It’s officially time to share your “Where’s L&D headed in 2016” media! Several industry folks have already dropped their articles, blog posts, and podcasts with suggestions of where our profession will go during the next 12 months. Here’s one. Here’s another. And here. Then here. Etc. Google “L&D 2016,” and you’ll find more submissions as we approach the official calendar digit change.
I’m not going to weigh in on other’s predictions – some of which I agree with and some I don’t. I’m also not going to throw in my own guesses, as my fortune teller costume is in the shop. Rather, I would like to briefly explore the 3 MAJOR influences I believe will influence the trajectory of our field during the next year and beyond. These ideas aren’t new, as I don’t expect a huge factor to emerge suddenly from the depths to revolutionize the way L&D works. Rather, I believe we will continue to see the world of corporate learning and performance nudged – no, let’s make that SHOVED – towards an inevitable future by continued external influences.
How can L&D evolve to not just deal with such influences but leverage them to promote an improved future for workplace learning and performance?
People already don’t need L&D to get better at their jobs. How much more can our value to the individual employee be reduced? Let’s see in 2016! 🙁
As consumer tech continues to explode at an unrelenting pace, employees will gain greater, easier access to information – including the resources and opportunities necessary to drive their own professional development. L&D is (unfortunately) never on the leading edge of tech – as exemplified by our continued inability to figure out mobile and social tools. And even more impact tech – including everyday VR and AR – are on the immediate horizon. While we have been playing with archaic HRIS tech and formal instructional design techniques …
- Google has defined what it means to access information.
- Facebook and Instagram have set the standard for sharing.
- YouTube and Netflix continue to mold video development and consumption behaviors.
- People want all of their toys to be as usable as Android and iOS devices.
The consumer tech faucet will NEVER turn off. That’s one solid prediction I can make. How far this tech will evolve in the next year, and will we adapt to leverage the tools and (more importantly) resulting user behaviors to benefit workplace performance and improve our value to the individual employee?
Work isn’t necessarily getting “harder” across the board. After all, most of us don’t descend into coal mines after breakfast every morning. However, knowledge work is more complex than ever. Whether your organization remains strictly hierarchical or regularly leverages networks via a matrix setup, employees are expected to collaborate with more and more people to complete complicated tasks with minimal resources.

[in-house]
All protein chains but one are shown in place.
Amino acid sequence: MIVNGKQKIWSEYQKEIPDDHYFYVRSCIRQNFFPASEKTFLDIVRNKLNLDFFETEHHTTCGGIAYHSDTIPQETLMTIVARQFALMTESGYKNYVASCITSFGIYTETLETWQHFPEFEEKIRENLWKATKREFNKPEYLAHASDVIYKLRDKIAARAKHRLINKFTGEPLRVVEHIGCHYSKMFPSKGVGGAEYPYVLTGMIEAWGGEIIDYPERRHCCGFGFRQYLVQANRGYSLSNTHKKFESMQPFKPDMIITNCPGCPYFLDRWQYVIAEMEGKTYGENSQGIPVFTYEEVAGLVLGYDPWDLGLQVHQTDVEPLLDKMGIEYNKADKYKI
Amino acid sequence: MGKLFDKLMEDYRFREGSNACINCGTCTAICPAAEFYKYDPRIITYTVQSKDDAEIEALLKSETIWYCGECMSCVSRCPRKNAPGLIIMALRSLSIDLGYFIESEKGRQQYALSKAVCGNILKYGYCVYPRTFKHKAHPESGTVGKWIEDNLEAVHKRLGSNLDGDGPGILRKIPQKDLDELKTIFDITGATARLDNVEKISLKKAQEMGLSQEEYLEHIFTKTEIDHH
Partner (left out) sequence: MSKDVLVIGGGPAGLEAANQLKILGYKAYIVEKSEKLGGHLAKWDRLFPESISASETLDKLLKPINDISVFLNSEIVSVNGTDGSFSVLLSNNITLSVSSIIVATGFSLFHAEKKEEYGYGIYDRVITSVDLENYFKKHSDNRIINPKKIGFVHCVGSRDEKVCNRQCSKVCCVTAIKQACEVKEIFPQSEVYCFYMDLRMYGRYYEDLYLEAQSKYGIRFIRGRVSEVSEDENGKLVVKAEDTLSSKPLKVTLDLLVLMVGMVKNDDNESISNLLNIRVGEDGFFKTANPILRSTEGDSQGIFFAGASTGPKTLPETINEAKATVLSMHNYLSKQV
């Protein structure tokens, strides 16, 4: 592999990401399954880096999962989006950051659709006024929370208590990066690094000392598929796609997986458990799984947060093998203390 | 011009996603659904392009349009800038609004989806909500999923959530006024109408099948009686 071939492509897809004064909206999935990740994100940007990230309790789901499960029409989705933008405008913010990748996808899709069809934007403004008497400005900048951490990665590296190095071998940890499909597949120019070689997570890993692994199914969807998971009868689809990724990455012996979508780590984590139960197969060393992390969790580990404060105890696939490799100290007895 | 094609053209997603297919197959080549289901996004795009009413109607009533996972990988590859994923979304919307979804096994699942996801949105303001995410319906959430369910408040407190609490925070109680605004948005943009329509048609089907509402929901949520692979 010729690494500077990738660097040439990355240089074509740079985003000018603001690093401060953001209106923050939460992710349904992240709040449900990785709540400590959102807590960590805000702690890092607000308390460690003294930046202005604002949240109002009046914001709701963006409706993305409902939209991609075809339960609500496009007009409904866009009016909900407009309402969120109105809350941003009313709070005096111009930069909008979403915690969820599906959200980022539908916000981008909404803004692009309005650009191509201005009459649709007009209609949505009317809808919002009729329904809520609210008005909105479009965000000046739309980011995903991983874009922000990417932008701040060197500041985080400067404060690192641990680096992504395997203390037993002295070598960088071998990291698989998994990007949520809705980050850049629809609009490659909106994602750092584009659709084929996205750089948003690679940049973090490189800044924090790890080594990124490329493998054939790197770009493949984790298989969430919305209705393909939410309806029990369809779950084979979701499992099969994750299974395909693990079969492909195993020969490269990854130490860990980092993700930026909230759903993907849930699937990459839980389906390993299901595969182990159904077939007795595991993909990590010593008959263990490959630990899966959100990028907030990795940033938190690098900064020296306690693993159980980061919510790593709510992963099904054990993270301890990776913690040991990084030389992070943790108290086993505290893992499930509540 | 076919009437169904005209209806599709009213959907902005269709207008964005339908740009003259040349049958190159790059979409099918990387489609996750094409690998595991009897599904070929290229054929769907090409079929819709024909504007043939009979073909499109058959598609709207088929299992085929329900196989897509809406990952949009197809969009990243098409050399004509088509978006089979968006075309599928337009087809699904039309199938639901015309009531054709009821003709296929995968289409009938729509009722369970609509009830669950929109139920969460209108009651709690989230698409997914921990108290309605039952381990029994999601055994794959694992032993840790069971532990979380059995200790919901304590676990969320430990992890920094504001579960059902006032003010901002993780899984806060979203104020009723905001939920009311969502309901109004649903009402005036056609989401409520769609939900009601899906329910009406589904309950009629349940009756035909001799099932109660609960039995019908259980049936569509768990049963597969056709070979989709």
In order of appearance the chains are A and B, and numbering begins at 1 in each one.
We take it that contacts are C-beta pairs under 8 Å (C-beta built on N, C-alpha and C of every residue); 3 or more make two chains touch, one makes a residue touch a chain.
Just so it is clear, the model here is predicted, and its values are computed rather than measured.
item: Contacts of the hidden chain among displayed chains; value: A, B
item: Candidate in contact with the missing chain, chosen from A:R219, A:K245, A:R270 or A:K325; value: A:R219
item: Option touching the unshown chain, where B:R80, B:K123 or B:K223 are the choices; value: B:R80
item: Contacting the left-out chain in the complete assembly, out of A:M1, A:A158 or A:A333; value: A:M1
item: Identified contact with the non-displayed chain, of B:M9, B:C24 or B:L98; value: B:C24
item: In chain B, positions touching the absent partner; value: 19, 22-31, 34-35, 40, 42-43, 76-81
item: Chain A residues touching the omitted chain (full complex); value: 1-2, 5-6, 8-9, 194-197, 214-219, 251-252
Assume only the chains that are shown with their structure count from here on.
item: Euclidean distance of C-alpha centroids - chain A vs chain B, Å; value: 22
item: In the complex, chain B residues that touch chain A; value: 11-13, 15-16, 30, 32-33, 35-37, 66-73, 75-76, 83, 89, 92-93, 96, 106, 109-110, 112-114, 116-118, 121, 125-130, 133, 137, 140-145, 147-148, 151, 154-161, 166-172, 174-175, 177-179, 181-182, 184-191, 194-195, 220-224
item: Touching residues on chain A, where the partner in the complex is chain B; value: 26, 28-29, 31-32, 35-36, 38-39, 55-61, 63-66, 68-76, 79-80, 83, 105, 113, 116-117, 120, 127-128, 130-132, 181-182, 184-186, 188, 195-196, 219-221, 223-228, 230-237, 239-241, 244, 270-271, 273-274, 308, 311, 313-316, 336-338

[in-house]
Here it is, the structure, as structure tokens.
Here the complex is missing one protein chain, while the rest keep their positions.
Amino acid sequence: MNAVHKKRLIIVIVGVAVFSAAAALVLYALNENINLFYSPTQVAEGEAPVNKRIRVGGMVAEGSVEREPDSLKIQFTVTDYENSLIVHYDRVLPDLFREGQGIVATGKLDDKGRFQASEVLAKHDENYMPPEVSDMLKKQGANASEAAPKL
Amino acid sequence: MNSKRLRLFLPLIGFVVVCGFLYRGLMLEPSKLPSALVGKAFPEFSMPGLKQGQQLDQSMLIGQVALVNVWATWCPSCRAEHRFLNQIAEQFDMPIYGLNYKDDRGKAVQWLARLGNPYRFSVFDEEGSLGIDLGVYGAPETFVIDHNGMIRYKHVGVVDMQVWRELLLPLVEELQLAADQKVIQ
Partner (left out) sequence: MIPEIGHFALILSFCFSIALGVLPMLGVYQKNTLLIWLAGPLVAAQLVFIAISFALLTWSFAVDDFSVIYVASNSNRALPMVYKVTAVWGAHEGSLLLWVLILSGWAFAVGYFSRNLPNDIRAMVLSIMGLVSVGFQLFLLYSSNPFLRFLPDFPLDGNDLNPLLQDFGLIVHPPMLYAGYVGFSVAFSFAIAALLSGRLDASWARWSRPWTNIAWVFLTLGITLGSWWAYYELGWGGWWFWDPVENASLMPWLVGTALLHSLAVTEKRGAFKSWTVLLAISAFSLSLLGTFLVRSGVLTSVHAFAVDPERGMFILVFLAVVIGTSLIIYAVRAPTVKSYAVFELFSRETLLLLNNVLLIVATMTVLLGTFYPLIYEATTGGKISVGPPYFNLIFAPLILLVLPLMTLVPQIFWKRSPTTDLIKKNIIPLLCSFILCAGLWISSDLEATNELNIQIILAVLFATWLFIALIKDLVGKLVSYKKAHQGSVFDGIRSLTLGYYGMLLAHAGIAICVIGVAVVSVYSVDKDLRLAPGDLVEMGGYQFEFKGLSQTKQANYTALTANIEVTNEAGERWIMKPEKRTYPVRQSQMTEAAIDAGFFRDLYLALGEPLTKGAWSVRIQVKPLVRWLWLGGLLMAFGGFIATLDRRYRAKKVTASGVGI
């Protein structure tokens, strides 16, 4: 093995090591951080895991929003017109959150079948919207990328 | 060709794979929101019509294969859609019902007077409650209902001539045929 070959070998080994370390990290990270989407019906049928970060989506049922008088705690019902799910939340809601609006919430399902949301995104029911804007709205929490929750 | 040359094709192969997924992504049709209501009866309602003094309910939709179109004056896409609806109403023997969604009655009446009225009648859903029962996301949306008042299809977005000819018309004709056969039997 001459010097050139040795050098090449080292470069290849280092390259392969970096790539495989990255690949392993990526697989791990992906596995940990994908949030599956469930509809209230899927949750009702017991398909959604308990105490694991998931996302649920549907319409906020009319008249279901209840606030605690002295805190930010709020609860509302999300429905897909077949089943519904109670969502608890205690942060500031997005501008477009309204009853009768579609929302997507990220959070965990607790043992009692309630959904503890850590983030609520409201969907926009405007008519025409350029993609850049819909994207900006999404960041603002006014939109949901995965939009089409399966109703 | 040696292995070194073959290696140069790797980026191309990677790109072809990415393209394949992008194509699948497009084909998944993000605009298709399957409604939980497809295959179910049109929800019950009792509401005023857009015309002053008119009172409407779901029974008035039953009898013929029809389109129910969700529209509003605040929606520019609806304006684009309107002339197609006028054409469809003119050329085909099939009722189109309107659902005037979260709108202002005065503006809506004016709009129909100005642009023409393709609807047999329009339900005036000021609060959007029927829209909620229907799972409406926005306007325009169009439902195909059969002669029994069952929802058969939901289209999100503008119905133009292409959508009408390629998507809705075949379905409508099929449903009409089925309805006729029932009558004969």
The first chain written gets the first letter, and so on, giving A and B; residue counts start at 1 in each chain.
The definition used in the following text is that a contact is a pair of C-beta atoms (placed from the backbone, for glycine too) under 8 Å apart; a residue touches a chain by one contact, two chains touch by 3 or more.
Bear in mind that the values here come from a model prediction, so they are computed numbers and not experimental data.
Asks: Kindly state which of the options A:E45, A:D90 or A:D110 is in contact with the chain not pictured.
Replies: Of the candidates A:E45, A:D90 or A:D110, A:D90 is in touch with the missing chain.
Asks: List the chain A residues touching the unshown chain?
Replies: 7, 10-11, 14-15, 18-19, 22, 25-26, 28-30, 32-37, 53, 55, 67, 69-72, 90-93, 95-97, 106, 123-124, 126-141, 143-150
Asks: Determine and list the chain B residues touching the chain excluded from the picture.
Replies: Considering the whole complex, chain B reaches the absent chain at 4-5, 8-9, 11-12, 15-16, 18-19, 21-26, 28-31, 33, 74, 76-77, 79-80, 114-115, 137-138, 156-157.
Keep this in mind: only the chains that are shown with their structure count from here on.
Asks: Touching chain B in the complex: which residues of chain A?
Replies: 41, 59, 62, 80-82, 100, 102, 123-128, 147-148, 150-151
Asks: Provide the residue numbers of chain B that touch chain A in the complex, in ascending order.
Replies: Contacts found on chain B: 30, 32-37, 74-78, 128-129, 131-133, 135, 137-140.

As work gets even more complex, the concept of a centralized L&D function that can support even the most basic employee needs at scale is astonishingly unrealistic. We can’t understand the moving target of individual employee needs yet alone create traditional learning solutions that will retain their value as the workplace continues to change in such an unpredictable way.
So what do we do? Should we try to keep up, or should we pivot to focus on more predictable factors that influence how work gets done? What technology can help us provide scaleable solutions that can make a difference? How can we retain our value to not just the larger organization but also the individual employee who has specific knowledge and skill needs?
There’s a difference between a company that operates in multiple countries and a “global organization.” Signs point to an increase in truly global organizations that run “lean” and maximize their worldwide resources. At the same time, hierarchies are giving way to matrixes and cross-functional teams that match functional experts from different departments, nations, and cultures. We talked functional complexity … Now let’s add the realities of space and time.
Most organizations continue to rely on email and conference calls to enable remote teams. To put it mildly – these tools SUCK! Companies waste millions in time and effort each year due to their dated approaches to virtual collaboration. Unfortunately, many don’t notice because they don’t realize collaboration can be so much simpler/better!
Not only will L&D be expected to help global employees improve their collaboration skills, our audience will become more virtual than ever. This will further challenge the value of our learning and performance solutions. We know eLearning isn’t the answer. Our virtual delivery tools and skills are largely unrefined. We definitely don’t have the $$ to fly trainers and employees around to deliver ILT. How will we contend with a workplace that may not include a physical place in the VERY near future?
Have these factors influenced your L&D work to date? Do you believe they will continue to be major influences in 2016? What other factors will influence your work during the next 12 – 24 months?
JD Dillon is one of the most prolific authors and speakers in workplace learning today. He has spent 20 years designing learning and performance strategies for respected global organizations, including The Walt Disney Company, Kaplan, Brambles, and AMC Theatres. JD is the founder of LearnGeek and Chief Learning Architect with Axonify.